Sometimes we need to look back at where we’ve been to move forward in life and in our hearts. Here’s an excerpt from Carolyn Redman’s News from Lake Boobbegone: A Breast Cancer Memoir from the Heart which became a #1 New Release in April 2017.
So, these are the top ten things I’ve had to let go of this year: (1) my left breast, (2) 15 lymph nodes, (3) all of my hair, (4) my immune system, (5) my idea of beauty, (6) the illusion of control, (7) cocktails, (8) a plethora of tears, (9) a few extra pounds, and (10) wondering why me.
My last radiation treatment, or as I liked to euphemistically call it, “light therapy,” took place on November 10th. But even weeks after the treatment ended, radiation had left me looking and feeling like I’d been microwaved on high for far too long. Next to the mother of all sunburns, the emotional fatigue of daily treatments was probably the worst of it. I had been living “cancerously” for nearly a year now, and it had taken all of my resolve. Unlike chemo, I had to face radiation therapy on my own. No one could go with me, hold my hand, or sit by my side and distract me from these treatments. I had to dig deep and find even more strength I wasn’t sure I could muster.
The “mean wells,” my term for people who say dumb stuff unintentionally, keep reminding me how great things will be once I get back to normal. I don’t see how that is even remotely possible. I am missing a body part, have been infused with drugs potent enough to damage my heart and make my hair fall out, have been microwaved on high for 30 consecutive days, and as an added bonus have been chemically catapulted into menopause. And those are just the physical ramifications. Mix in equal parts anxiety, fear, and sadness, and the cancer train I’ve been on misses all the normal stops. What a disappointment and missed opportunity it would be if, after all of this, I turned out to be the exact same person I was before I was diagnosed.
I can’t quite go as far as to say that I am grateful I was diagnosed with breast cancer, but I can say that I am grateful for all of the realizations that have resulted because of it. I was given the opportunity to tap into a reservoir of courage I didn’t even know existed. I witnessed people at their best as they surrounded me with their clinical, surgical, and scientific expertise, genuine concern, humor, compassion, energy, and love. The word friendship took on a whole new meaning with each chemo sitter who took time out of her busy life to sit with me for hours on end. And I found out that my marriage was indeed for better or worse.
This Thanksgiving would be like no other because I finally understood the importance and power of gratitude. I had gained far more than I had lost this year and for that I was extremely grateful.
News from Lake Boobbegone by Carolyn Redman, copyright (C) 2017 by Carolyn Redman.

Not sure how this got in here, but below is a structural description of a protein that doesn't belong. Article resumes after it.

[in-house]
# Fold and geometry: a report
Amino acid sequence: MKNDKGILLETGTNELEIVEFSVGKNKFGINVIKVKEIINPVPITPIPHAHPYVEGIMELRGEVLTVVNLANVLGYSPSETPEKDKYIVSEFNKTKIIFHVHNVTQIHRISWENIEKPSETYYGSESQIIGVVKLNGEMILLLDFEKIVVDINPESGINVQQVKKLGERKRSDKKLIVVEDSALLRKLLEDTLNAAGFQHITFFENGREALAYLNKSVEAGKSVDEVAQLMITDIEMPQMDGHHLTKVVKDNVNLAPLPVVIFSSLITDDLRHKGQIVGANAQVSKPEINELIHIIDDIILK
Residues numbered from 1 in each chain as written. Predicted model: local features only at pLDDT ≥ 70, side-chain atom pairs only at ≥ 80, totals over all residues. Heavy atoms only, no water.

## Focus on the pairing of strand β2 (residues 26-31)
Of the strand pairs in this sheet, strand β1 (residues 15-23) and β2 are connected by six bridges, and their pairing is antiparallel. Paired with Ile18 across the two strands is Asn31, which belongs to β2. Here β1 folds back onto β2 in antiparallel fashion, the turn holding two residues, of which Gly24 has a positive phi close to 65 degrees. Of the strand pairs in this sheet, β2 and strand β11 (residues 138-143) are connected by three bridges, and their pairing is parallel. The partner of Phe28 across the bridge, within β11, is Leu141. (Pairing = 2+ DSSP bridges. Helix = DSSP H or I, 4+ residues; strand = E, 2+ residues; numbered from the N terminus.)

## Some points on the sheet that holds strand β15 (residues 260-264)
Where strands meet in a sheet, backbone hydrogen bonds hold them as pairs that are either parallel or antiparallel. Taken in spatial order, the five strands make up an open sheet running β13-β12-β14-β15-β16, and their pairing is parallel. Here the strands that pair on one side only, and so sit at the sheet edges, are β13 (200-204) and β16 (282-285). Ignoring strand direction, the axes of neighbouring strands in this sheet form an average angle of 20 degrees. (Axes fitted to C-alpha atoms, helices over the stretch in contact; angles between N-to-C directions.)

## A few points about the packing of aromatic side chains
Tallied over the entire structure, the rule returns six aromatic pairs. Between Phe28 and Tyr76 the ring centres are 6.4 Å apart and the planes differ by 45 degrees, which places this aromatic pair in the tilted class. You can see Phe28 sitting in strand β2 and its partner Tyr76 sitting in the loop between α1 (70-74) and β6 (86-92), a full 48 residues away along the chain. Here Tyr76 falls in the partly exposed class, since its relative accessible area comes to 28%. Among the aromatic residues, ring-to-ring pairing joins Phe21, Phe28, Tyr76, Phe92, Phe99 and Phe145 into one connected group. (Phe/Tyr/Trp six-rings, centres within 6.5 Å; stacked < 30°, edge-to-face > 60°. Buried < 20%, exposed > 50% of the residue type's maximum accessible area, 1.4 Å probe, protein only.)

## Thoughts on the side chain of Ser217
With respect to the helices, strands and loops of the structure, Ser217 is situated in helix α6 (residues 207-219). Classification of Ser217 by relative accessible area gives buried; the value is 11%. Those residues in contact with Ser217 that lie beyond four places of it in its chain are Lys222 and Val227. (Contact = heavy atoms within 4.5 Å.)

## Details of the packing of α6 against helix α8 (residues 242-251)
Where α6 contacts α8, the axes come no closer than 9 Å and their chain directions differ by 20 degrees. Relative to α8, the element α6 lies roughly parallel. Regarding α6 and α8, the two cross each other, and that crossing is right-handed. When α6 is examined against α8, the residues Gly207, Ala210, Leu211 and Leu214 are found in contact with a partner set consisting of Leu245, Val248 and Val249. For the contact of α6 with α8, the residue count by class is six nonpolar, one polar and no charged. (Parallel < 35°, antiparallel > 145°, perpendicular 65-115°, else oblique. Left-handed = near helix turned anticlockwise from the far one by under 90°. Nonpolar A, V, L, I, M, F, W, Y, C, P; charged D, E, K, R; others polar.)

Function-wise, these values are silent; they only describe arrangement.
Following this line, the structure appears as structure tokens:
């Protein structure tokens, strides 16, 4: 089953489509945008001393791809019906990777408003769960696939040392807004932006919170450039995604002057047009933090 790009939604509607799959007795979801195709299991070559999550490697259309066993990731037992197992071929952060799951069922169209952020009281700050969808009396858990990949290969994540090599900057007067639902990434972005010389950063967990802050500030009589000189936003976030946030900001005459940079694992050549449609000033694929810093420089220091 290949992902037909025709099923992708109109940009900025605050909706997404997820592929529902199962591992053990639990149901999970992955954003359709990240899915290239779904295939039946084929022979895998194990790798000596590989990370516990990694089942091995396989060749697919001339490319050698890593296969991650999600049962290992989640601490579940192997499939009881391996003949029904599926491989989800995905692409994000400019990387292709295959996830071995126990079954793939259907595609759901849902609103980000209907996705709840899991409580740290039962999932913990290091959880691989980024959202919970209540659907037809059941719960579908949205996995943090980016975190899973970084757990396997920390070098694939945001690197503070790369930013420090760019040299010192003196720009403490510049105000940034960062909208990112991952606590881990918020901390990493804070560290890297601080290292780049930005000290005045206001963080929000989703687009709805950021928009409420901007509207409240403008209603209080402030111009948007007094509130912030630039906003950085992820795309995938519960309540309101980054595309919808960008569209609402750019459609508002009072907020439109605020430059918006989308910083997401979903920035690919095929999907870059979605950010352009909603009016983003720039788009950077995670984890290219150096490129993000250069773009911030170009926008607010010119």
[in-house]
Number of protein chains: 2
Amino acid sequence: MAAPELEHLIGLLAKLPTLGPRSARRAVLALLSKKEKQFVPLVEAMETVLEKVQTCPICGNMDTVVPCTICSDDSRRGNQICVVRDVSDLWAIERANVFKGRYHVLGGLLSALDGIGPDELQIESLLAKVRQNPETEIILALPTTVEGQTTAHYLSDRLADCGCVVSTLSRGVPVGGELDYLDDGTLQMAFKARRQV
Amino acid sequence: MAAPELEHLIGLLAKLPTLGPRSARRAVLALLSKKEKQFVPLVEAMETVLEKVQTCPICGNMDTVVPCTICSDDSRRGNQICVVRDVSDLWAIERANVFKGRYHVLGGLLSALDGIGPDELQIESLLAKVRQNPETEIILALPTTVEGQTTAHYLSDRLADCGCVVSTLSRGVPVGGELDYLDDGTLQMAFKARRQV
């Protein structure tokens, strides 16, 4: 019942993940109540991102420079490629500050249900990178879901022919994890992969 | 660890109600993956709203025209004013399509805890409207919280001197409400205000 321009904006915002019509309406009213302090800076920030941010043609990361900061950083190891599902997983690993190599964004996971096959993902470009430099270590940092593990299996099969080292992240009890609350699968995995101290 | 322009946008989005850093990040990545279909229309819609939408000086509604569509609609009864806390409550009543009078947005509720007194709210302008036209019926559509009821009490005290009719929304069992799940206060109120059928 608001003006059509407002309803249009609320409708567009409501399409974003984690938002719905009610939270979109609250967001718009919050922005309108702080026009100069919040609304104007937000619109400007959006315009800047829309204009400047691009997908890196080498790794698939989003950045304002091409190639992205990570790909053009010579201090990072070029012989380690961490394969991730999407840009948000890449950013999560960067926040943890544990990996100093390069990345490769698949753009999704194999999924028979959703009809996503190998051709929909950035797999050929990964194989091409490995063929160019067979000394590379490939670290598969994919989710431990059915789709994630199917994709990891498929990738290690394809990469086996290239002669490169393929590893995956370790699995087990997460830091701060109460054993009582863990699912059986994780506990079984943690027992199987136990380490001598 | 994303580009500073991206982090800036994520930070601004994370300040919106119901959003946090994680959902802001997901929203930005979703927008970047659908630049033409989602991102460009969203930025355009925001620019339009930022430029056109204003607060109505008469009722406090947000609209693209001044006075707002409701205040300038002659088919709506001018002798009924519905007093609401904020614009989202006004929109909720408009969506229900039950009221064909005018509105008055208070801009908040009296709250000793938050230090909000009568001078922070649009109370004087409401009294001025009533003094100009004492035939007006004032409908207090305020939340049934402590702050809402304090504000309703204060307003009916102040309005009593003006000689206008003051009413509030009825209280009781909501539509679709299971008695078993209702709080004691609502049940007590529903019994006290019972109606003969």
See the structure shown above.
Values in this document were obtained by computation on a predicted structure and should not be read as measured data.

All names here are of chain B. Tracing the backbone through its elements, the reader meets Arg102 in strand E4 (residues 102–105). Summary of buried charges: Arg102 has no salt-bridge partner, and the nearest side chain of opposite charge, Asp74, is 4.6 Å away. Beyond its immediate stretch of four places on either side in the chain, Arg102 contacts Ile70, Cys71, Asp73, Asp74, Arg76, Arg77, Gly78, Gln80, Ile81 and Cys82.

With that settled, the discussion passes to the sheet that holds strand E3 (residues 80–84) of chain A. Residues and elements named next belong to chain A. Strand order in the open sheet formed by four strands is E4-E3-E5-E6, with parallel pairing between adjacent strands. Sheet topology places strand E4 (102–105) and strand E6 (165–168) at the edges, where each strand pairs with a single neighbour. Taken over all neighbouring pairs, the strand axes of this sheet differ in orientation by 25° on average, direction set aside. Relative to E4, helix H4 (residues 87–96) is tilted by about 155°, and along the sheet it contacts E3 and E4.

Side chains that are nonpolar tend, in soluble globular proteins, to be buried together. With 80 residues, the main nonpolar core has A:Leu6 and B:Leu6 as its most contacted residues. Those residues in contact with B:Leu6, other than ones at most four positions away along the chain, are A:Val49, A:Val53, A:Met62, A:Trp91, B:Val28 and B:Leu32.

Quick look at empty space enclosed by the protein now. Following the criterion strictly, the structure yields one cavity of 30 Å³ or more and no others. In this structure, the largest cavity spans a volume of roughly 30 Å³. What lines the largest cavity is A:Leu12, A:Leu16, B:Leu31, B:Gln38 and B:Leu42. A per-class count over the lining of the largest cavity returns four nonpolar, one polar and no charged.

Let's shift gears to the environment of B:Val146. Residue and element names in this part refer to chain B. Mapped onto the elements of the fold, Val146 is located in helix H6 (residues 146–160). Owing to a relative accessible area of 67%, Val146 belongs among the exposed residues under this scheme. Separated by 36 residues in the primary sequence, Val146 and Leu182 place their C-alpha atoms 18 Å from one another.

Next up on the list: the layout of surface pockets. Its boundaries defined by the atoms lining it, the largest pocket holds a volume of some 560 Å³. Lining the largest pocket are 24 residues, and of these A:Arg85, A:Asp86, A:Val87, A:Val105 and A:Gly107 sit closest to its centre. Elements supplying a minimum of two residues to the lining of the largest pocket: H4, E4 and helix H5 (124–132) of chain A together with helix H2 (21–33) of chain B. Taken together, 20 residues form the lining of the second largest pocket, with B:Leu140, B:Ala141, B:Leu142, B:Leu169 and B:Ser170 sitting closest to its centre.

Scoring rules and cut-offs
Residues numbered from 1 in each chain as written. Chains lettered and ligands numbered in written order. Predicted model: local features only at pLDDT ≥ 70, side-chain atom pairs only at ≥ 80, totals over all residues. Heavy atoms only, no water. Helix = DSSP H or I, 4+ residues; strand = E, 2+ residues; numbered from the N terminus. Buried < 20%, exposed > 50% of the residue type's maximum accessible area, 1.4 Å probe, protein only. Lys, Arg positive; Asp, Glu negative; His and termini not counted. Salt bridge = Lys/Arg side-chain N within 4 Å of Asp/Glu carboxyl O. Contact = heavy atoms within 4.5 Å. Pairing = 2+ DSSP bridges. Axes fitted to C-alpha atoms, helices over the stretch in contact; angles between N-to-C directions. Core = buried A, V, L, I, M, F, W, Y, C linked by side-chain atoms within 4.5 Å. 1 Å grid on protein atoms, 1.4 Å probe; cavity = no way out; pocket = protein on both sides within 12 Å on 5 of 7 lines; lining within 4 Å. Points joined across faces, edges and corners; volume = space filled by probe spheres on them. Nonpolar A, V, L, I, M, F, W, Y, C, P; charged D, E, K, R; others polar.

A few tips from Bruce Kirkpatrick on being a member of a writer’s group.
I’m a member of four groups and each works differently. Here’s what I’ve learned about writer’s groups and if you are a writer, why you may want be a part of one.
Both new and seasoned writers are often members of writer’s groups. No hard and fast rules exist about how they work, but a few tips to get the most out of them might help.
Groups can meet in person or online. They can require that members trade “chapters” or work beforehand—or not. They can read aloud or simply offer critique in the written form. They can be full of published authors or those just getting started.
That said, in my experience, writing groups have little knowledge about getting published. They are all about the writing. My groups don’t include many published authors, so the how-to-write-for-publication is a glaring hole. Most writers will do better reading the books about writing—Stein, Gorkin, Browne & King, George—than trusting inexperienced writers.
But you have to start someplace and a writing group will force you to write, edit, and receive feedback. If you’re a beginning writer or want to write for your own pleasure, it’s a good place to start.
Bruce Kirkpatrick is the author of Hard Left and Lumberjack Jesus. He is currently working on several different writing projects. To learn more about Bruce and his books, you can visit: http://www.bkirkpatrick.com/about/
At Written Dreams, we believe writers who take part of writer’s groups can be very successful. We will often suggest joining the local chapters to new writers because we believe in the benefits. Here in Green Bay, WI, we’re lucky to have a few groups that meet locally. If you’re looking for a writer’s group in your area, here’s a few associations you can start your search with, depending on the genre you write in: RWA-Romance Writers of America, HWA-Horror Writers of America, SFWA-Science Fiction/Fantasy Writers of America, CWG-The Children’s Writer’s Guild, NAMW-National Association of Memoir Writers, and many more!